By Land or Sea? The Heated Debate on the Peopling of the Americas Continues…
Researchers should always be ready for the next big discovery, they never know where it may come from. Having an open mind and questioning peculiar finds is what sets things in motion. Take for example the increasingly common perspective that the first people in the Americas came by boat. For one researcher, it all started with a bathroom break and an unlikely discovery on Cedros Island in Mexico.
According to the magazine Science, Matthew Des Lauriers was a graduate student at the University of California in 2004 when he came across some stone tools and shells that didn’t fit in with the other artifacts scattered about the landscape of the mountainous island believed to have been inhabited for the past 1500 years. Scooping up some shells and charcoal, he sent a sample of the out of place items for radiocarbon dating – and it came back with an unexpected date - from 11,000 to 12,000 years ago.
Matthew Des Lauriers turns a beach cobble into a stone tool like one used by people who lived on Cedros Island nearly 13,000 years ago. ( Lizzie Wade )
While it used to be common thought that the first travelers into the Americas crossed over the Bering Strait on foot, more and more studies are questioning that idea. The emerging view now suggests that ancient maritime travelers set out from Beringia about 16,000 years ago, and within just 1500 years their followers had ended up all the way down the Pacific coast to modern day Chile.
- Did first Americans make a 10,000-Year Pit Stop on Beringian land bridge?
- Skull Analysis Concludes the Americas Were Settled by More than One Wave of Migrants
Although the discoveries Des Lauriers and others have made in the recent past show that people were already settled along the coast soon after the (mostly) agreed upon date for the first peopling of the Americas, they are not believed to have provided enough proof for the trip beginning by boat –critics, such as David Meltzer of Southern Methodist University, say it simply suggests boats were used after crossing the land bridge.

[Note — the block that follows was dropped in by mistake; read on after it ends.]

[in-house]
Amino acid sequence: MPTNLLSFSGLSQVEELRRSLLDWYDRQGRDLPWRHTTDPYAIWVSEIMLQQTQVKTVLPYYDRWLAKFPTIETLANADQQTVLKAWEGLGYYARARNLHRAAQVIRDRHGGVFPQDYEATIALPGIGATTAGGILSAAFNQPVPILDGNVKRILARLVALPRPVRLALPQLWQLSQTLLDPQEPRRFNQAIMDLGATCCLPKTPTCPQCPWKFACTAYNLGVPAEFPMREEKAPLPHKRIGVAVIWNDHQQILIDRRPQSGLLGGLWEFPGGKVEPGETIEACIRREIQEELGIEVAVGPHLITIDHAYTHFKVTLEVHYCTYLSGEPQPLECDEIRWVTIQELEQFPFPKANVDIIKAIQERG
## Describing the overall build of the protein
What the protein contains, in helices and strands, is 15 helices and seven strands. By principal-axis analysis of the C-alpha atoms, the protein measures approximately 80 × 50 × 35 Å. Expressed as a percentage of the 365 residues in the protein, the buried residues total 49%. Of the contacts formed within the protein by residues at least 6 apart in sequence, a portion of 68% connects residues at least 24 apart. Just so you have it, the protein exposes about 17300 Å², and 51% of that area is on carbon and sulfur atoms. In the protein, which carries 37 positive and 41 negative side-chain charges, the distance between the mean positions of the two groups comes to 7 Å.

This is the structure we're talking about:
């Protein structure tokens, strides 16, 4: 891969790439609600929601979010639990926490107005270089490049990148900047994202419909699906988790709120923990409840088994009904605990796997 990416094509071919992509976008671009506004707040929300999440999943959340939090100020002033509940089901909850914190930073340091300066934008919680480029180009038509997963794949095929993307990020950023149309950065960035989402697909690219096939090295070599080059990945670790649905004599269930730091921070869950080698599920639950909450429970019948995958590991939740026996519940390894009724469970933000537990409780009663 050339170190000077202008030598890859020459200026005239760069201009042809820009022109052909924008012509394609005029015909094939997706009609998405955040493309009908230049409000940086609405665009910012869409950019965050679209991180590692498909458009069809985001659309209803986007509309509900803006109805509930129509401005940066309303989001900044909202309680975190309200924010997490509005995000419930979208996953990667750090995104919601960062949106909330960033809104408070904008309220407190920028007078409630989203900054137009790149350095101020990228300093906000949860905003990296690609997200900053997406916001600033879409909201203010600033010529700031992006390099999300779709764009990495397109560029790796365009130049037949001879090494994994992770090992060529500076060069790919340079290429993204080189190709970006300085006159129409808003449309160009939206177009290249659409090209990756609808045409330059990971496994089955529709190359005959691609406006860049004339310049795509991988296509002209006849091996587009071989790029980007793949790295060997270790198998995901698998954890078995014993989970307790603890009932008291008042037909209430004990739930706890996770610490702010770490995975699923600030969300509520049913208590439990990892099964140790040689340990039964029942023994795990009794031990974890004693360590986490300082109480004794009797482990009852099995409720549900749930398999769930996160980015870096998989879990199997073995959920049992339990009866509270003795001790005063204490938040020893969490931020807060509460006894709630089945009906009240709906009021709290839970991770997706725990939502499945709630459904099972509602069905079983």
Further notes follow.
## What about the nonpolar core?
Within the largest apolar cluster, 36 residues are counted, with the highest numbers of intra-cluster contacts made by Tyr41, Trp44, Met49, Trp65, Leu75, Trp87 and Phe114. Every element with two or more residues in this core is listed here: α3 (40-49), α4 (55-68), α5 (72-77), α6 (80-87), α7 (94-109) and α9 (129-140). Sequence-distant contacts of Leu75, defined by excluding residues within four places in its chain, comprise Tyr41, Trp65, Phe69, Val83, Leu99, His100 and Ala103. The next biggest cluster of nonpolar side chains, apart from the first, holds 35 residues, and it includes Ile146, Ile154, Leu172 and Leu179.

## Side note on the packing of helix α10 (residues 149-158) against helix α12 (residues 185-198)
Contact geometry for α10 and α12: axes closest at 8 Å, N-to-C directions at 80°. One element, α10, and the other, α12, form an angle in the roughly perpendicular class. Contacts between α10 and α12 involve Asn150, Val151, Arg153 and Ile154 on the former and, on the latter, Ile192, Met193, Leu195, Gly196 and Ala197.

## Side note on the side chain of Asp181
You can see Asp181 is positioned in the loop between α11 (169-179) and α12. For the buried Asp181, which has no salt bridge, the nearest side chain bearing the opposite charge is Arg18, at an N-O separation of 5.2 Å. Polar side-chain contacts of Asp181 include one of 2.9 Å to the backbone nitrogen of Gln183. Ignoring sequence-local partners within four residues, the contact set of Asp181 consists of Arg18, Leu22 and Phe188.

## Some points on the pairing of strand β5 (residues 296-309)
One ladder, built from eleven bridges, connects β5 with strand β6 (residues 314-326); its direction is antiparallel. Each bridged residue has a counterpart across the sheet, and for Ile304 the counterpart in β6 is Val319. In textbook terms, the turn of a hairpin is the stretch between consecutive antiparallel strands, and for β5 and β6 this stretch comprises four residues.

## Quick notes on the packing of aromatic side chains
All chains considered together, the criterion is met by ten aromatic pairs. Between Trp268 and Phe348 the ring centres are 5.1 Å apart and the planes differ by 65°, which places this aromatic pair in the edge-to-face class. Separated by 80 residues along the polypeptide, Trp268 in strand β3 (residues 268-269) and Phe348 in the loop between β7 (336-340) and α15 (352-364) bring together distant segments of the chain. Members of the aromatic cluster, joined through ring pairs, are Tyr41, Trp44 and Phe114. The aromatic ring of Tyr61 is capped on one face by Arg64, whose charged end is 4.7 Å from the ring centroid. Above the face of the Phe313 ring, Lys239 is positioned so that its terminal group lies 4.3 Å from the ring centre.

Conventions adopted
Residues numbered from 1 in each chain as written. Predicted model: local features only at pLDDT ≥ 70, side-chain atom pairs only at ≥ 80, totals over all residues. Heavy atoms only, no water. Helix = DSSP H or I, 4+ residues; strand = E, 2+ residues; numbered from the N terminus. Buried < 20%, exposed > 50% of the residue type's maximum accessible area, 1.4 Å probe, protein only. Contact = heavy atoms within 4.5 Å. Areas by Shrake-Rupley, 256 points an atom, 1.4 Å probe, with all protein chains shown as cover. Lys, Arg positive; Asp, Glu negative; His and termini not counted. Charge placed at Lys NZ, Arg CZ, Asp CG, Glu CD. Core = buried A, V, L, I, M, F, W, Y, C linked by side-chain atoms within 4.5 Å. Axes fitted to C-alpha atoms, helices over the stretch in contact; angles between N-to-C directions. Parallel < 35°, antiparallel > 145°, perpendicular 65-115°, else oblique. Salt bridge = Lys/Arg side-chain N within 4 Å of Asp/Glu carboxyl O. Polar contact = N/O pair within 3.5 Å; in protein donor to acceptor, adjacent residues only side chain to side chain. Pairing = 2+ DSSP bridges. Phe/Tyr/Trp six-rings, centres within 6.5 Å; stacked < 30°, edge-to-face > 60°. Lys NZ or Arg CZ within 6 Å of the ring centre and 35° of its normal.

The Beringia Land Bridge. Did the earliest people entering the Americas trek this or pass by it in their boats? ( CC BY SA 3.0 )
Where could that cold, hard proof (possibly) be found? Along the Alaskan and Canadian coast. As David Meltzer has said , "All eyes are on the coast." So now researchers are searching for evidence along, and under, the waters at ‘the gateway to the Americas.’
The belief in big game hunters and Clovis-first that were so prominent are now falling by the wayside as recent discoveries and improved dating techniques show time and again that the old picture doesn’t quite fit with the new information.
For example, a recent analysis of human skulls provides evidence that the Americas were not just populated by one wave of migration – in fact, researchers have said that it took several migrations of ancient Asians and possibly Australian or Polynesian people to populate the Americas thousands of years ago.
Even more surprising, research presented in April 2017 about an Ice Age site in San Diego, California proposes people were already in the Americas 130,000 years ago . The evidence for that extreme date comes from a trove of ancient bones that were apparently modified by early humans.
- Fuente Magna, the Controversial Rosetta Stone of the Americas
- Stone tool unearthed in Oregon may date back 15,800 years or more
If that’s not enough, other researchers are continually pressing that the whole Bering Strait, people spreading down from North America belief is just not right. They sometimes present evidence in the form of unconventional dates for sites and artifacts or surprising inscriptions to support the belief that it may not have started up north.
Others say that the mainstream theory of how the Americas were populated is downright biologically unviable .
Rock paintings at Pedra Furada, Brazil. ( CC BY SA 4.0 ) Many alternative researchers have looked to South America for the peopling of the Americas. Could it be true?
There are obviously still many missing pieces to this puzzle. The story of the first people in the Americas is always transforming and little by little we seem to be getting closer to the real story. While some ideas are certainly more controversial than others, that doesn’t mean researchers should take the easy route…our prehistoric ancestors almost certainly did not.
Top image: Native Americans traveling by boat ( public domain )